DAY 5: MORNING HOT AIR BALLOON + DEPART // After our experience hot air ballooning in the Masai Mara in March, we were pretty much converts. I adored the feeling of soaring over the treetops and taking in the scenery below, so when we saw hot air ballooning available with Ciel d’Afrique with departures from Scarabeo Camp over the Agafay, we were sold (about $250pp). It’s a magical way to start the day! We concluded with breakfast at Scarabeo and enjoyed a bit of time at leisure at the camp before departure. If you’re visiting during true summer months, enjoy the property’s pool and soak up the sun!

Day 5 – 7 〰️ High Atlas Mountains

Kasbah Tamadot, Atlas Mountains, One Week in Morocco

The drive from the Agafay Desert to the High Atlas Mountains takes about an hour and a half in total, and you’ll be trading in the desert scene for the mountains. The beauty of this circuit is that you’re never in the car for more than about 90 minutes yet manage to embrace three very distinct landscapes. Of all of the scenes we took in during our one week in Morocco, there’s no doubt that the Atlas Mountains are the most majestic of the bunch. For hikers, you’ll be spoiled with options here ranging from smaller, local hikes to the grand dame, Mount Toubkal, the highest peak in North Africa. If you are keen on enjoying the mountains for an escape that’s purely focused on downshifting and R&R, they’ve got that covered, too.

DAY 5: ARRIVE IN THE ATLAS MOUNTAINS // We departed the Agafay around noon as to not be too rushed, allowing us to arrive at Kasbah Tamadot at around 1:30PM. The Atlas Mountains are captivating but Kasbah Tamadot’s allure was truly a huge part of the draw for me. Spectacularly and thoughtfully done, it’s a dream home base with all of the touches you’d expect from Richard Branson’s collection. We started our stay with a cup of tea, a tour, and spent the afternoon simply enjoying the property. We floated between the pool and spa and the stunning common spaces where we could cozy up with a glass of wine, a book, or a game of chess.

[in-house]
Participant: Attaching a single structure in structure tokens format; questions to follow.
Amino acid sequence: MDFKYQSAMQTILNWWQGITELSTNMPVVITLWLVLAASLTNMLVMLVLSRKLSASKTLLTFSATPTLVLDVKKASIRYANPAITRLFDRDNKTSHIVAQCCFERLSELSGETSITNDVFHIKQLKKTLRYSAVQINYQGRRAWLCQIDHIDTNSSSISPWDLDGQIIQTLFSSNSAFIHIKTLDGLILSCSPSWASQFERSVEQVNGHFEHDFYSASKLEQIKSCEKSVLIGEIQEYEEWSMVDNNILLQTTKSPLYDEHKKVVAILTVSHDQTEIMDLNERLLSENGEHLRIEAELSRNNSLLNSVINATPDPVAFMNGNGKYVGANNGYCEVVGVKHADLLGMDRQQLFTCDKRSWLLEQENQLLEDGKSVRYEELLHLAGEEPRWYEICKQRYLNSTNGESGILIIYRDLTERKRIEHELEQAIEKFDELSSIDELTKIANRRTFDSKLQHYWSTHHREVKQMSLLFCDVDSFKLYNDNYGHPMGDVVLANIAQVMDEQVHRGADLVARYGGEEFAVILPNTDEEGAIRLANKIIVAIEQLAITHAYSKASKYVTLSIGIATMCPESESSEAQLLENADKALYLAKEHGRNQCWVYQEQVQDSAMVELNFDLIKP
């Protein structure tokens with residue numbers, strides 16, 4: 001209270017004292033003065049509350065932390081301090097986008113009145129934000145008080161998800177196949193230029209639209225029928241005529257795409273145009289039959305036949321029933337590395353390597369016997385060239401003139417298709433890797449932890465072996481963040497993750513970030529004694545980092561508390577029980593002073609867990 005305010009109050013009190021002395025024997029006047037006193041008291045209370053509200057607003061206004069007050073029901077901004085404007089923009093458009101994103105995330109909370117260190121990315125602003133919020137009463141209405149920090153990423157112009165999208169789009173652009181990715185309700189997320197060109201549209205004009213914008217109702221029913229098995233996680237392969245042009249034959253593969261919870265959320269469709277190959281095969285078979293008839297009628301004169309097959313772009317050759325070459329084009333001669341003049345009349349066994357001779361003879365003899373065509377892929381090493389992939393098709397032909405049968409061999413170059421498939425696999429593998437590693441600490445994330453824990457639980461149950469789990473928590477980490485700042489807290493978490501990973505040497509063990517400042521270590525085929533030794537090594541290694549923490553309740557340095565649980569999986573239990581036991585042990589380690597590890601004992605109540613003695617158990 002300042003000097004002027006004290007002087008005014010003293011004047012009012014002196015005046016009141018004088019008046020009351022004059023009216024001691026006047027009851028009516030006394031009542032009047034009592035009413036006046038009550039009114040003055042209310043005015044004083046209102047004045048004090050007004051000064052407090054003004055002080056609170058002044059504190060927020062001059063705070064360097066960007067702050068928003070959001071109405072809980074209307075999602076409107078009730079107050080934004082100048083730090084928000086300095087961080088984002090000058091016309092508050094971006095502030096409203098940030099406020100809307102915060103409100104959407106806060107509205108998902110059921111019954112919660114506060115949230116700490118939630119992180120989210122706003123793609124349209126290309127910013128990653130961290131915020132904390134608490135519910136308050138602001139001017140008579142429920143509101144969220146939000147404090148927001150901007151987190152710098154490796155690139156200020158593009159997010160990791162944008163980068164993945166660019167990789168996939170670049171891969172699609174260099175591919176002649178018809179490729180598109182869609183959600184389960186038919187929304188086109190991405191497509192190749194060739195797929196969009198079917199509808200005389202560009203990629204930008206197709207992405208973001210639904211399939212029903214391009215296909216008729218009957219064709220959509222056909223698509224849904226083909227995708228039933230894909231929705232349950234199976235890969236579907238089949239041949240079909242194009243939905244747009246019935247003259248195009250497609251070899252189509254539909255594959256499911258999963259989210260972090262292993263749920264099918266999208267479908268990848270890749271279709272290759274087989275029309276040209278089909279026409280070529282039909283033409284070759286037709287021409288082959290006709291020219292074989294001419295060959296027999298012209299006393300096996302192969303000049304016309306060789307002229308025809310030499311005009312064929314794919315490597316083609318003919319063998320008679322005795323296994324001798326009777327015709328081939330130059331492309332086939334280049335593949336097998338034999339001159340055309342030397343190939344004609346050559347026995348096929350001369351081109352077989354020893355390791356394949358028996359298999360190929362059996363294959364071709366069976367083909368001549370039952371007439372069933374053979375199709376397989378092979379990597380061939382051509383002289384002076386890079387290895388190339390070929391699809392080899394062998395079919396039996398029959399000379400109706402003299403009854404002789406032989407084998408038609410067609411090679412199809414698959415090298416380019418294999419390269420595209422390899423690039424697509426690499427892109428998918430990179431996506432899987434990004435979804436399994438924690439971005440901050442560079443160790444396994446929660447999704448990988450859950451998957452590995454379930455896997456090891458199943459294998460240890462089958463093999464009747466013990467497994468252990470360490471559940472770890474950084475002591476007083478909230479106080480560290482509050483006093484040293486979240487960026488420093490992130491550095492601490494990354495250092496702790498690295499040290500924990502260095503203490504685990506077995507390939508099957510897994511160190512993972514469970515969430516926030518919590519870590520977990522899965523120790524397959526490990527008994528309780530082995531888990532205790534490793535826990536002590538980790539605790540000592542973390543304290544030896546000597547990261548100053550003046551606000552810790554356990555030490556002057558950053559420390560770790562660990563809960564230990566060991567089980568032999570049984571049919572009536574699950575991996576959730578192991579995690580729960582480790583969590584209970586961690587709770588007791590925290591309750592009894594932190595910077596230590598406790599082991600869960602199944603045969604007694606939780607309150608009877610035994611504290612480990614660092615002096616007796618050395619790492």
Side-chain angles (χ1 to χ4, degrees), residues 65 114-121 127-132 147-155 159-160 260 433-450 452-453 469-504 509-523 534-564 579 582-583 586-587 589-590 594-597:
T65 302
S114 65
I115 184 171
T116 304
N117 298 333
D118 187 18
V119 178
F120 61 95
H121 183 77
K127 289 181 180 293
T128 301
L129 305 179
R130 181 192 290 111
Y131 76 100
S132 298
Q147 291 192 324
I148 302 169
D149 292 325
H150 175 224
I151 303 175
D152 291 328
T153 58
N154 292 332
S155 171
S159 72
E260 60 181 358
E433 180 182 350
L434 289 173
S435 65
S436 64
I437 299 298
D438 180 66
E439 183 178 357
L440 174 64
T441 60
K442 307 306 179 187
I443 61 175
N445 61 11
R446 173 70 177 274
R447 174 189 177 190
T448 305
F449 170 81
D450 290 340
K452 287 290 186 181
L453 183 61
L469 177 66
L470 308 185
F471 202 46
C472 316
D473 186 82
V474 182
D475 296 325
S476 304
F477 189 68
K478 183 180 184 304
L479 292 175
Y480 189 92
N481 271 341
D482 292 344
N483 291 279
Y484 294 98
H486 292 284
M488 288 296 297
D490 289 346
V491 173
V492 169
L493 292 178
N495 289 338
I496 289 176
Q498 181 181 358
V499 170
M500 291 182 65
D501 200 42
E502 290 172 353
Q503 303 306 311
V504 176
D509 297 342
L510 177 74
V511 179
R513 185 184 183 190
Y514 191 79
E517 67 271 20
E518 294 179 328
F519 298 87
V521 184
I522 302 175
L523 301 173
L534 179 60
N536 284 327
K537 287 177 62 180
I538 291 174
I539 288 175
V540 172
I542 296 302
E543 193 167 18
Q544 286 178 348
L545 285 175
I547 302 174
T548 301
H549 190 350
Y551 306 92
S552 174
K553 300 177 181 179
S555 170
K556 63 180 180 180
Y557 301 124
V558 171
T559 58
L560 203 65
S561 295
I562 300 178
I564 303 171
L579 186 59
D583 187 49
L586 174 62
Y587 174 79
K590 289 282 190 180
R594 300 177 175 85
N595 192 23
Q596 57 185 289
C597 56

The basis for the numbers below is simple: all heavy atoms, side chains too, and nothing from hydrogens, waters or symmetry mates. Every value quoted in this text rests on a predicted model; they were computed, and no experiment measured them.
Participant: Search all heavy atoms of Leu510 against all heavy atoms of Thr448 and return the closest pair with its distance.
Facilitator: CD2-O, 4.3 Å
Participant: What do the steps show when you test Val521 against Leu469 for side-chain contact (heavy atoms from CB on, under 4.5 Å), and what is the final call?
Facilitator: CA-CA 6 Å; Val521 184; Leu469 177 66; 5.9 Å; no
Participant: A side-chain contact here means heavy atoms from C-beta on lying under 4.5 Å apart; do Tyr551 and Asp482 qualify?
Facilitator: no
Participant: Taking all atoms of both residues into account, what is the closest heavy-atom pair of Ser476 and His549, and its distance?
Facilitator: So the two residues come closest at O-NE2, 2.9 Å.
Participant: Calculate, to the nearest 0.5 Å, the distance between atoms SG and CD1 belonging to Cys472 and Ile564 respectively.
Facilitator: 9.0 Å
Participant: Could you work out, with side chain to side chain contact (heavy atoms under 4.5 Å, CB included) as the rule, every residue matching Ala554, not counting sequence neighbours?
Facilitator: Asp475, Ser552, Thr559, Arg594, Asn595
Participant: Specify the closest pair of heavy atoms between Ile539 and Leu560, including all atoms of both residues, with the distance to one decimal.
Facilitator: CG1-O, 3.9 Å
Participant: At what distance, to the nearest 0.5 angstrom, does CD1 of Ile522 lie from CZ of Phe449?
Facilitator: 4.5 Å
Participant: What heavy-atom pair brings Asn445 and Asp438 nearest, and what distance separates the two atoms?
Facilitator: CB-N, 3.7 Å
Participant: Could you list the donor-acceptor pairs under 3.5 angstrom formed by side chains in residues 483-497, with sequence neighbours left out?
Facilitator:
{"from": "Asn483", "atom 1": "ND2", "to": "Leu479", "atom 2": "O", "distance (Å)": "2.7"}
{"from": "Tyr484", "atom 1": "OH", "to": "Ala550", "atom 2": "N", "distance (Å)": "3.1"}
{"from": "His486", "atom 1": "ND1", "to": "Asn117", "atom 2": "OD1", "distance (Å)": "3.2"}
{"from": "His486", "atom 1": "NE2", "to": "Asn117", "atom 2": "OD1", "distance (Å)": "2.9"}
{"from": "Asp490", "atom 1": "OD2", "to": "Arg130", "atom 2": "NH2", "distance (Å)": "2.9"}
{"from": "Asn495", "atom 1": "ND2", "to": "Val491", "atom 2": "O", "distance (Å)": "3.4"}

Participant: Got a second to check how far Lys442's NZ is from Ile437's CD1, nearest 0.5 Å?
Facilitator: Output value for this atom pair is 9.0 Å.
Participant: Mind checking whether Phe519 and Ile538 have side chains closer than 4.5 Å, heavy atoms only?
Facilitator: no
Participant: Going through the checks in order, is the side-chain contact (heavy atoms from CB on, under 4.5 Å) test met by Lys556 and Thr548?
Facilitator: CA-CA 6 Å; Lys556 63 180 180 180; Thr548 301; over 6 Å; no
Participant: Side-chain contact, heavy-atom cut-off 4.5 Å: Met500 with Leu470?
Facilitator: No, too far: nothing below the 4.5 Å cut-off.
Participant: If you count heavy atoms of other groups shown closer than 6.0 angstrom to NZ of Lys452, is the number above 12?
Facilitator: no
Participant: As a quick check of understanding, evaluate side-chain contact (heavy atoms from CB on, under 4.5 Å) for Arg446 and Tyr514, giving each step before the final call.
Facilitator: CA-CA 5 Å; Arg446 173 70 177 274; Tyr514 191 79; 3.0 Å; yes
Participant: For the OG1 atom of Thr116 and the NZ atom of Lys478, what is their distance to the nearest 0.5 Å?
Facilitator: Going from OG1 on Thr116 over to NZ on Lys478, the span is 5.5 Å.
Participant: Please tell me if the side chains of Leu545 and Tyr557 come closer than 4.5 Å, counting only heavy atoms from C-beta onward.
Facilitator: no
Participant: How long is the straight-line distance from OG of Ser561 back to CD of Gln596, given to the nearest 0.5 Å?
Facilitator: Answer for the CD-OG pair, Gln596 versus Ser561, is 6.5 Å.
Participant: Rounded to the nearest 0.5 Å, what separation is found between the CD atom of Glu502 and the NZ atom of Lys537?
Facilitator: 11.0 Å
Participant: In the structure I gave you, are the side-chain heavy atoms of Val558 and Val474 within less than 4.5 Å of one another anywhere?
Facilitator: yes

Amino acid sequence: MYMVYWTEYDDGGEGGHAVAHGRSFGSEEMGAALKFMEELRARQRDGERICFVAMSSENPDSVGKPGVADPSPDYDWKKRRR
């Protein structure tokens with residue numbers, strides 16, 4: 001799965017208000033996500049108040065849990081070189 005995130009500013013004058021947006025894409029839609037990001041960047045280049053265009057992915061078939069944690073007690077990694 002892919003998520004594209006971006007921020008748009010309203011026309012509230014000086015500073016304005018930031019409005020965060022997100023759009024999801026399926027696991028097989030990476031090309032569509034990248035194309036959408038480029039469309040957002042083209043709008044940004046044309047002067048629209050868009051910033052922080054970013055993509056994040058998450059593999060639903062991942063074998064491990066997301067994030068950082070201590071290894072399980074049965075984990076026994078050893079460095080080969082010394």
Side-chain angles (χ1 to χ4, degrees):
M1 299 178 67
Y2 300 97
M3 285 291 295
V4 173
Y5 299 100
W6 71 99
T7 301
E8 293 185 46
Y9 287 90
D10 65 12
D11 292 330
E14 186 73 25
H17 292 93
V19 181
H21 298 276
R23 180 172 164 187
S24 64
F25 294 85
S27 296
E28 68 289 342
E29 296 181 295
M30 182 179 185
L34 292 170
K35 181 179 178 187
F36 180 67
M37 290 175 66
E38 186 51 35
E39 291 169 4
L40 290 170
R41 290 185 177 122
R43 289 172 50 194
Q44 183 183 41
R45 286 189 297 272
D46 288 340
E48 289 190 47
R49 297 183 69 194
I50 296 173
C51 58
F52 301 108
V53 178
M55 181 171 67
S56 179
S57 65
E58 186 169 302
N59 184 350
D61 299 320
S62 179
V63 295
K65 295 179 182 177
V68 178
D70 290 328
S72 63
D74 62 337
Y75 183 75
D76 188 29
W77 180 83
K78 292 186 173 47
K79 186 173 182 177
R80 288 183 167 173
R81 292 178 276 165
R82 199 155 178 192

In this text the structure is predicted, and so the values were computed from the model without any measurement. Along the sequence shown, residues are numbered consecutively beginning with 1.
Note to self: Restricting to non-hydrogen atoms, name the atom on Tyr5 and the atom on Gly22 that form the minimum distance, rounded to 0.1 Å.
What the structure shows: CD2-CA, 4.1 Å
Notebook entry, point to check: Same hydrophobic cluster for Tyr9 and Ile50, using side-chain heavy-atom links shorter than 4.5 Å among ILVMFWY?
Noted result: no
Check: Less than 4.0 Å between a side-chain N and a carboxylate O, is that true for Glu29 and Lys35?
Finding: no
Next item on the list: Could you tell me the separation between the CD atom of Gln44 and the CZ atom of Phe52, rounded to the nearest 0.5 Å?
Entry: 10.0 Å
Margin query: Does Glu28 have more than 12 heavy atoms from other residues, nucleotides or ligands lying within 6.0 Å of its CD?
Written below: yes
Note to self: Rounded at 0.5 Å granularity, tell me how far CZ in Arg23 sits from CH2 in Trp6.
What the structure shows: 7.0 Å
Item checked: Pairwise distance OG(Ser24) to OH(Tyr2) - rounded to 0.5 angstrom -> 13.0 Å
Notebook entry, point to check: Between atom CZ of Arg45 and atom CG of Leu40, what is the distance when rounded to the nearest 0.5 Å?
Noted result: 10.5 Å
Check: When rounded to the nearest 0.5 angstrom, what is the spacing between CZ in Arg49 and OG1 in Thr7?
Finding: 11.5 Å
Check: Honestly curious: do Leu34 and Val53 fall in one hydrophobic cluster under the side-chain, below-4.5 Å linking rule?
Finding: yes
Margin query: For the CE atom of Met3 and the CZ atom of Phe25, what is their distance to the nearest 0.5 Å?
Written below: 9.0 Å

DAY 6: THE BERBER EXPERIENCE // For the second day in the Atlas Mountains, we opted for Kasbah Tamadot’s Berber experience. Alternatively, you could do a hike if you’re keener on staying active (as noted below for Day 7). The ‘Berber Experience’ is composed of a few different elements: a short walk/hike to the Eve Branson Foundation outpost with a guide (about 30 – 45 minutes) followed by a visit to the workshops supported by the Kasbah (weaving, embroidery, and a wood workshop). In the afternoon back at the property, we did a breadmaking class followed by a cooking class which was the highlight for us. With all the activities combined, allocate about 5- 6 hours.